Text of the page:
He grew up in the Kaheka area, attended Queen Kaahumanu Elementary School, and graduated from Iolani School in 1948, where he starred in football and baseball under Father Kenneth A. Bray.
Tom attended and graduated from The Wharton School of the University of Pennsylvania in 1952, majoring in marketing.
Following his graduation, he was commissioned a 2nd Lieutenant in the U.S. Army, completed the Infantry Officers Training Course at Ft. Benning, Georgia, and was assigned to Ft. Lewis, Washington, serving with the 144 AAA Battalion of the 44th Division. Upon promotion to 1st Lieutenant, Tom was sent to Korea serving with the 3rd Division AAA Battalion. After the truce, he returned to Hawaii and retired from the military.
As President of the Honolulu Japanese Junior Chamber of Commerce in 1962-63, Tom was awarded the Ben Dillingham Outstanding Local President Award by the Hawaii Junior Chamber of Commerce.
In January 1965, Tom was recognized by Johnson & Johnson for outstanding sales performance at the company's national convention in Miami, Florida.
He was Chairman of the Young Citizens for President Lyndon B. Johnson campaign and President of the Oahu Young Democrats.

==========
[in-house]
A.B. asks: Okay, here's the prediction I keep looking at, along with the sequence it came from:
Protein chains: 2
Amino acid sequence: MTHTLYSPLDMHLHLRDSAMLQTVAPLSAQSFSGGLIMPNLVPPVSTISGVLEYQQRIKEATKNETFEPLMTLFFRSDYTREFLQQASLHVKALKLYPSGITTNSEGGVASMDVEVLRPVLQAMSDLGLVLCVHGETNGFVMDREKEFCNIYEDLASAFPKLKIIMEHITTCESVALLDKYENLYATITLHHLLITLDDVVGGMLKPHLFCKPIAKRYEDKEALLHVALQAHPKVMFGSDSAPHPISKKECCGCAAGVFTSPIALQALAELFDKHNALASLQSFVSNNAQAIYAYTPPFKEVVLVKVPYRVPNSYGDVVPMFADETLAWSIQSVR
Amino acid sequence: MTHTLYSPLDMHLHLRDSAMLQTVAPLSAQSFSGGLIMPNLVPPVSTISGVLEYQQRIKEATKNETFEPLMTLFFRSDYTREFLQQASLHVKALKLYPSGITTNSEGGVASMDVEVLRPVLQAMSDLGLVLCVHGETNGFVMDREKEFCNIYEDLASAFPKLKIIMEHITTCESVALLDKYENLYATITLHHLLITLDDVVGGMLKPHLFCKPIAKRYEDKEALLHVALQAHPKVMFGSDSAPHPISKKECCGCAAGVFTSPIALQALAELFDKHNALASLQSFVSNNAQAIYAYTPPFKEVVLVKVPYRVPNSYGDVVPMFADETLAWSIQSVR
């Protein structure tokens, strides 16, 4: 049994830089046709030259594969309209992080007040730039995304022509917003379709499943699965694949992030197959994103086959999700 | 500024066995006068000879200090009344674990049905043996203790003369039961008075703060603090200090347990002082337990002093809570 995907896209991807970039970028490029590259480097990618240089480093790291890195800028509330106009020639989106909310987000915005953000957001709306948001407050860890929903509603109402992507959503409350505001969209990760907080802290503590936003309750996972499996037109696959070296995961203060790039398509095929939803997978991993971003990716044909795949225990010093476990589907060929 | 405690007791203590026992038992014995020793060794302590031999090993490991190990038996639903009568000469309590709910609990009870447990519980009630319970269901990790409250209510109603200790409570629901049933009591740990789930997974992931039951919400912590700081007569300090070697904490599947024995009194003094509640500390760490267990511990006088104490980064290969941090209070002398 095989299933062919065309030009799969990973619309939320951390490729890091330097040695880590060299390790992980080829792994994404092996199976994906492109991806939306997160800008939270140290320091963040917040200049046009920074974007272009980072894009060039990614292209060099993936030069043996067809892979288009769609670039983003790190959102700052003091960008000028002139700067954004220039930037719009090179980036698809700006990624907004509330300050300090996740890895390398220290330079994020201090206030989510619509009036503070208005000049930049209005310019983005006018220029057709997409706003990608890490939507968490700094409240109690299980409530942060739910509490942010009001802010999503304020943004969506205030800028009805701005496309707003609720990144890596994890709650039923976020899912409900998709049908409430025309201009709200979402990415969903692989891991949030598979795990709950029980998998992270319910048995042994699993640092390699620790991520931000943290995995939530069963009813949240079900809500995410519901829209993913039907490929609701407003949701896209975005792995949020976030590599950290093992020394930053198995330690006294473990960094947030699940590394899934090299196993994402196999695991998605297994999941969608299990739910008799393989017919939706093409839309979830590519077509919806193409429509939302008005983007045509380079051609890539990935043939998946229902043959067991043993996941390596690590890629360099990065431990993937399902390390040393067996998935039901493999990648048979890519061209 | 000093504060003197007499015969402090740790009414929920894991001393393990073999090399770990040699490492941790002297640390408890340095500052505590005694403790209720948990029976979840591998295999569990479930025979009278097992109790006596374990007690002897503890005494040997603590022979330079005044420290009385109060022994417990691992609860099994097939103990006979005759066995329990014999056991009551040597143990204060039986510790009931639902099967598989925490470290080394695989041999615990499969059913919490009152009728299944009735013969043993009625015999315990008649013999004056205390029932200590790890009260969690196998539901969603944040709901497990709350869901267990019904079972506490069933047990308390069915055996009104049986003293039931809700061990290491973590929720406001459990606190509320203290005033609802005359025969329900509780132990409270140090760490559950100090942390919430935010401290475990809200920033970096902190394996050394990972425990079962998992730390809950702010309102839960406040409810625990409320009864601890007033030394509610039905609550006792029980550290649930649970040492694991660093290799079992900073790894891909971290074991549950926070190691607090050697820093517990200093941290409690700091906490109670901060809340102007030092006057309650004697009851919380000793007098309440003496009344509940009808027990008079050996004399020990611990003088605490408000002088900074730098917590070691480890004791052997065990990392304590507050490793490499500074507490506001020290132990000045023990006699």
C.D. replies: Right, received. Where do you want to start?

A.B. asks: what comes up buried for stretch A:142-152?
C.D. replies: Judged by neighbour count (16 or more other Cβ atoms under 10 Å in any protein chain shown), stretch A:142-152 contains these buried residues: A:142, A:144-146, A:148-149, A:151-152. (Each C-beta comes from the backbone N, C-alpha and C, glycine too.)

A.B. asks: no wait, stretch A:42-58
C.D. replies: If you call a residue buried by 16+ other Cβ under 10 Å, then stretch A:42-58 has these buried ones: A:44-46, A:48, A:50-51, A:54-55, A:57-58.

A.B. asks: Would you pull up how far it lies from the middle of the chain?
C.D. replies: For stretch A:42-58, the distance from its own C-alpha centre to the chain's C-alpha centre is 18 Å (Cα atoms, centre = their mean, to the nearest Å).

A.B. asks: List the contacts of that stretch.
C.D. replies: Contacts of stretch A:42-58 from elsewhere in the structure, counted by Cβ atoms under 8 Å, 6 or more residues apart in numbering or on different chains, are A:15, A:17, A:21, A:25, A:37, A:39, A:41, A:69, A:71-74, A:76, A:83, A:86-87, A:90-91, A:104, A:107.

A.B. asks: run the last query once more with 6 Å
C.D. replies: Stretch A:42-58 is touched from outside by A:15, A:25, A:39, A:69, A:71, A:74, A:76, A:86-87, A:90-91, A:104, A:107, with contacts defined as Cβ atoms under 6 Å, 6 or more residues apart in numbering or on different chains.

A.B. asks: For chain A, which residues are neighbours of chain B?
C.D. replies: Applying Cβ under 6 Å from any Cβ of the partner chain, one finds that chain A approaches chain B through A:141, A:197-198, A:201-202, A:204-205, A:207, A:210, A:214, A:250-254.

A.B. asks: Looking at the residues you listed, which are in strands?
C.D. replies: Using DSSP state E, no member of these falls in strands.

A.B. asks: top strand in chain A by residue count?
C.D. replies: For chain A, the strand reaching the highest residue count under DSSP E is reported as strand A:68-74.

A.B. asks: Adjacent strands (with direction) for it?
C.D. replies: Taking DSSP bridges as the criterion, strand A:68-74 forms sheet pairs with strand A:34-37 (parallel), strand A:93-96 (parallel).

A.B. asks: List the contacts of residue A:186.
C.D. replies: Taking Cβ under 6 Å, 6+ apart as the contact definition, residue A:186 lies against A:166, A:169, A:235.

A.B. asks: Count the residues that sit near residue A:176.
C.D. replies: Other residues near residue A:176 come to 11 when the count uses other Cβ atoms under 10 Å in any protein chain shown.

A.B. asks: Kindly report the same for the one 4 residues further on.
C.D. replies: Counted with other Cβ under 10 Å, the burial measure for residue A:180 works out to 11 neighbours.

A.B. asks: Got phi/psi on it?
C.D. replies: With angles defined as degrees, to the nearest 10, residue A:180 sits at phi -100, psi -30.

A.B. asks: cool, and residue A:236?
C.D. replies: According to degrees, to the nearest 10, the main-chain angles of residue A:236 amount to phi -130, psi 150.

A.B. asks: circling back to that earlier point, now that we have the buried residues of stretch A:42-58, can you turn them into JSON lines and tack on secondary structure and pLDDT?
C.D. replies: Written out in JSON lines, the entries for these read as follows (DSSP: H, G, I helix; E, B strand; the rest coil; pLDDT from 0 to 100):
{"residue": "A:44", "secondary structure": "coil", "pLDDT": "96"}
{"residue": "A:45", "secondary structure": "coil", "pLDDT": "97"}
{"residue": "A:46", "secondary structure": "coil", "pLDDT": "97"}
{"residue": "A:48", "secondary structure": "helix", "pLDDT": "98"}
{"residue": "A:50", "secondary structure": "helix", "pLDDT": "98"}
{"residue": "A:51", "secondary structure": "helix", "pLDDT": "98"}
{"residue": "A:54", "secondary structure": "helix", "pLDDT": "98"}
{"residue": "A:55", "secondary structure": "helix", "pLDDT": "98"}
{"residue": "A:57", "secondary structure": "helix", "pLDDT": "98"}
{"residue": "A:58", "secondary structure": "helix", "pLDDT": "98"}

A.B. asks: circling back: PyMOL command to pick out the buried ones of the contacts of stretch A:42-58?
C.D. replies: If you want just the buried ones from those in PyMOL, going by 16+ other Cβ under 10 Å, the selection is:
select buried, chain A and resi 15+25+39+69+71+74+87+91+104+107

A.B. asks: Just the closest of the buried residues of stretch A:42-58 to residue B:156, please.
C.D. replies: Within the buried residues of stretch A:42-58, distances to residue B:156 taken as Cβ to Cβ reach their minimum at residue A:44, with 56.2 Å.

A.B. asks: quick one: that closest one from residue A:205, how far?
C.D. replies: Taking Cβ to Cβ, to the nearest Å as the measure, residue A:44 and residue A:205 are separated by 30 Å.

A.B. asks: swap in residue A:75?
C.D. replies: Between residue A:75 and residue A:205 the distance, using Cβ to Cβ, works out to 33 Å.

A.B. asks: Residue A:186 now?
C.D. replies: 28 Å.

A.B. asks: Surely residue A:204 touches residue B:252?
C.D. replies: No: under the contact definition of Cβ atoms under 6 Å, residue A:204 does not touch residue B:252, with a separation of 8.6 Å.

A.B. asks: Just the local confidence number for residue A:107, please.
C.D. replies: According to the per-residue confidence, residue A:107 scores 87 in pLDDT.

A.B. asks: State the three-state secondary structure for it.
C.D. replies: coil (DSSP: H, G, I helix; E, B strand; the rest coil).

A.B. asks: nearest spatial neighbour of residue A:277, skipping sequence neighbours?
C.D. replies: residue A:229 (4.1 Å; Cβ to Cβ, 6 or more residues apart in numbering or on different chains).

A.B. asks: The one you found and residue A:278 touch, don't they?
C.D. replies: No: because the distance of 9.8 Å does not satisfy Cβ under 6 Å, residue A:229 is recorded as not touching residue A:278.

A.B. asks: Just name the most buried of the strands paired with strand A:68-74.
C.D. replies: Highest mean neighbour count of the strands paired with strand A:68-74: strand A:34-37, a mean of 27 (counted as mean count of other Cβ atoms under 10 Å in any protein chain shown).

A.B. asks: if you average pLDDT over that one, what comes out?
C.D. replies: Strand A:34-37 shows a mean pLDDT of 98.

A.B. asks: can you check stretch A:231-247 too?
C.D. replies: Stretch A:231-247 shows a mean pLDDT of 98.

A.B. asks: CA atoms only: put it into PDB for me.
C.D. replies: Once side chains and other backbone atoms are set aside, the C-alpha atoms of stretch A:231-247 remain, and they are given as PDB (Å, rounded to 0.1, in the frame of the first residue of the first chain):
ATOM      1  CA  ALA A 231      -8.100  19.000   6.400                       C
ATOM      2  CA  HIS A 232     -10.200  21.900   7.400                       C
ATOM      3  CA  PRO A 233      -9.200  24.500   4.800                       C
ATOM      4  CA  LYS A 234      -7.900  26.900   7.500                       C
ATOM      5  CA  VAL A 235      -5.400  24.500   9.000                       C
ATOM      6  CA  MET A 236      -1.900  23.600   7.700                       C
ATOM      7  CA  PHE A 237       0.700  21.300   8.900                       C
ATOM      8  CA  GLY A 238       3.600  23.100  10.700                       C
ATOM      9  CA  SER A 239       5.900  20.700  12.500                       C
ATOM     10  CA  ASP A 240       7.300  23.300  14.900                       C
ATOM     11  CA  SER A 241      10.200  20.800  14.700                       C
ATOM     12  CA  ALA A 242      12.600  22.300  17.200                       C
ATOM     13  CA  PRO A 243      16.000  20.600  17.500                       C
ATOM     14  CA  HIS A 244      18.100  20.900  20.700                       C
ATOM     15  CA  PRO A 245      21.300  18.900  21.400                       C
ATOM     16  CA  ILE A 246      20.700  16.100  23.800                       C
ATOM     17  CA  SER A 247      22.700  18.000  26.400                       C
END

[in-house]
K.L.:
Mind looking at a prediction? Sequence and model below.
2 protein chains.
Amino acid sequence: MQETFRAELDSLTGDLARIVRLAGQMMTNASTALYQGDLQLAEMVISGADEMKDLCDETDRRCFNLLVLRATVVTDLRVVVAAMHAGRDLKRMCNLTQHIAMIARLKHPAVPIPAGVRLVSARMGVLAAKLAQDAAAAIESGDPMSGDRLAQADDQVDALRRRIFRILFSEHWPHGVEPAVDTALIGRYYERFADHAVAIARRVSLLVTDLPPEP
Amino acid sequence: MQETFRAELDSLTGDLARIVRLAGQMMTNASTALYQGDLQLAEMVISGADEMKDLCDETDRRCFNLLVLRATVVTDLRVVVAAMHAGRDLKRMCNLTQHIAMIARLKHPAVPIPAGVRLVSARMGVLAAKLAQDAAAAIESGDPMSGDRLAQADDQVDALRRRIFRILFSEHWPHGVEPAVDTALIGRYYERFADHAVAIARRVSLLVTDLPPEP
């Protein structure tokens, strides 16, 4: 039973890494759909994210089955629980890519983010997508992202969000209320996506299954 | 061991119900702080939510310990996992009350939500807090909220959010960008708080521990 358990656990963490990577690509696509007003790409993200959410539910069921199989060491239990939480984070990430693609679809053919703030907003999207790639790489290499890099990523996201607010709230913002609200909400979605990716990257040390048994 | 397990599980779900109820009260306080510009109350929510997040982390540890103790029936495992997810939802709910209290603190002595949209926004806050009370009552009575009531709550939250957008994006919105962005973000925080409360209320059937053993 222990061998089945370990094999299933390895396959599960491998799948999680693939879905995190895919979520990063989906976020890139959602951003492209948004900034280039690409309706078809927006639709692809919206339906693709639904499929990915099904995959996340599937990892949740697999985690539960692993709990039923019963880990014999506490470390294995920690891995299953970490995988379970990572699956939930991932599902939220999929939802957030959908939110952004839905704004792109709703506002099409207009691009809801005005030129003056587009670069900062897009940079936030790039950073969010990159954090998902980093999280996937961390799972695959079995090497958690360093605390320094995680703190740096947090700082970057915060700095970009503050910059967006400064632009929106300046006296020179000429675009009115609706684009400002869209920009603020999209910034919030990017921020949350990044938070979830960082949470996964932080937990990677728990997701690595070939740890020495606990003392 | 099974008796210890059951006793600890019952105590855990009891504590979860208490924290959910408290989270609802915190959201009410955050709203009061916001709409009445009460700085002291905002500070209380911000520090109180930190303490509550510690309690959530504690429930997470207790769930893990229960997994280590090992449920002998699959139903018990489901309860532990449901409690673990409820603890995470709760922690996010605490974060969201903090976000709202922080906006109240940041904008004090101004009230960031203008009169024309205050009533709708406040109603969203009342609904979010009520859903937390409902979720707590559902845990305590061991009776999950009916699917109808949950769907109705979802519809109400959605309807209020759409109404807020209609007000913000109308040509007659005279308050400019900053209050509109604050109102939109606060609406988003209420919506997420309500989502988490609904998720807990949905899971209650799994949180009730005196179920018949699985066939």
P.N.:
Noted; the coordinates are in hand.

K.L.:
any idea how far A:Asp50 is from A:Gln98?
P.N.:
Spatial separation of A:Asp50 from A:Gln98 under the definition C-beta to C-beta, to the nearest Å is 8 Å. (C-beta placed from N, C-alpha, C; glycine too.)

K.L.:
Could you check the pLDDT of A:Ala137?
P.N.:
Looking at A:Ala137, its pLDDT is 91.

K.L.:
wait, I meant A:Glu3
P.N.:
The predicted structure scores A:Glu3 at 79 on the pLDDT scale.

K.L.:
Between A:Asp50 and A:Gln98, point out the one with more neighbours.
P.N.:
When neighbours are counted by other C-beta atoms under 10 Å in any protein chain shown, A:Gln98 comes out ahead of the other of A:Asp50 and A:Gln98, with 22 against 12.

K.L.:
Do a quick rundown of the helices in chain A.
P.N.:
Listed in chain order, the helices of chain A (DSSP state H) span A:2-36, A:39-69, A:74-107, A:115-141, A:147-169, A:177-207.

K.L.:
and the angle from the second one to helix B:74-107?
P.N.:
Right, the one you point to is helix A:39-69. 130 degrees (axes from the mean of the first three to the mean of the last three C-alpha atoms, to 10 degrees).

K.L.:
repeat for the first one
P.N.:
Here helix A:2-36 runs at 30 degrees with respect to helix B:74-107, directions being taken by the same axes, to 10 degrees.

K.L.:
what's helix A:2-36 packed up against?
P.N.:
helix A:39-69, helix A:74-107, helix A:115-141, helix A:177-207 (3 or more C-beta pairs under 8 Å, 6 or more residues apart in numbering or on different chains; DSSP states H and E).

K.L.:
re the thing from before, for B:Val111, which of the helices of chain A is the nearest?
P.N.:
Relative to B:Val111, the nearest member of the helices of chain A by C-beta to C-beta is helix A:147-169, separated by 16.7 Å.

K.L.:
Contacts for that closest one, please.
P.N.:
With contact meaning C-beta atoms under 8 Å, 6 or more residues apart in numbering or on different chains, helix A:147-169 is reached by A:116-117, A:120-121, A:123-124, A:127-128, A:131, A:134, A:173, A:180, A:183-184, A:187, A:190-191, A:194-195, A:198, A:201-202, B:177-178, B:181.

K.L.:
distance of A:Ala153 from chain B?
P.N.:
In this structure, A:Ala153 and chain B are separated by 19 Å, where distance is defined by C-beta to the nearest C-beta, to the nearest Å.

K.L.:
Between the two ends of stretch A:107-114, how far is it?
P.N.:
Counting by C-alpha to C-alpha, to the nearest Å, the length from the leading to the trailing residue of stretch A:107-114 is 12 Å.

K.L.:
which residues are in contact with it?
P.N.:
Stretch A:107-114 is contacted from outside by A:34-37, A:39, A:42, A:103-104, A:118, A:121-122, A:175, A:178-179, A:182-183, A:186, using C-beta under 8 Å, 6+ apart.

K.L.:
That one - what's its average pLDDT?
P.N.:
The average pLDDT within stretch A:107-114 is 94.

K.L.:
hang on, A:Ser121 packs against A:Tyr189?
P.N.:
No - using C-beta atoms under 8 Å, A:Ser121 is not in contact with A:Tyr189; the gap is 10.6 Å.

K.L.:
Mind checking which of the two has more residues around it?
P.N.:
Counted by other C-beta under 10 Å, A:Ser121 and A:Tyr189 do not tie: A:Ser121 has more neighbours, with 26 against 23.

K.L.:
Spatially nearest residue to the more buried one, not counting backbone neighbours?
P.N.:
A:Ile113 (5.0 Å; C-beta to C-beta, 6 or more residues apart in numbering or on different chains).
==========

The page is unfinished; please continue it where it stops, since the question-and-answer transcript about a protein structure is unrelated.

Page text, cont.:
In 1966, the Honolulu Advertiser newspaper selected Tom as one of the top four outstanding young citizens for community service and leadership abilities.
In 1967, Tom joined the State of Hawaii Department of Planning and Economic Development. In 1970, he was Project Director and Deputy Commissioner General for the Hawaii Pavilion at the World Exposition in Osaka, Japan.
In June 1984, Tom was invited to join the Hawaii Visitors Bureau as Vice President for Asia/Pacific and served at the HVB for 13 years. In September 1993, Tom was appointed President of the HVB. He retired in 1994.
On April 29, 2011, Tom was awarded the Japan's Order of the Rising Sun, Gold Rays with Rosette, from Prime Minister Naoto Kan, through the Honorable Yoshihiko Kamo, Consul General for Japan, for "many years of service fostering better relationships between Japan and Hawaii".
With the State of Hawaii and Hawaii Visitors Bureau, Tom enjoyed traveling in Japan, visiting all 47 prefectures, while promoting investment in and tourism to the islands. Among his personal accomplishments, Tom climbed Mt. Fuji five times, starting in 1989 at 59 and the last one in 1994 at age 64.
Tom's wife, Hideko, passed in 2017 at age 86. He is survived by two sons, a daughter, and four grandchildren.
Private burial services will be at the Diamond Head Memorial Park. A Celebration of Life will be held at a later date.
In lieu of flowers or gifts, donations may be sent to Iolani School's Advancement Office, for the Tom Sakata '48, Family Scholarship Endowment.
Arrangements Provided By:
Hosoi Garden Mortuary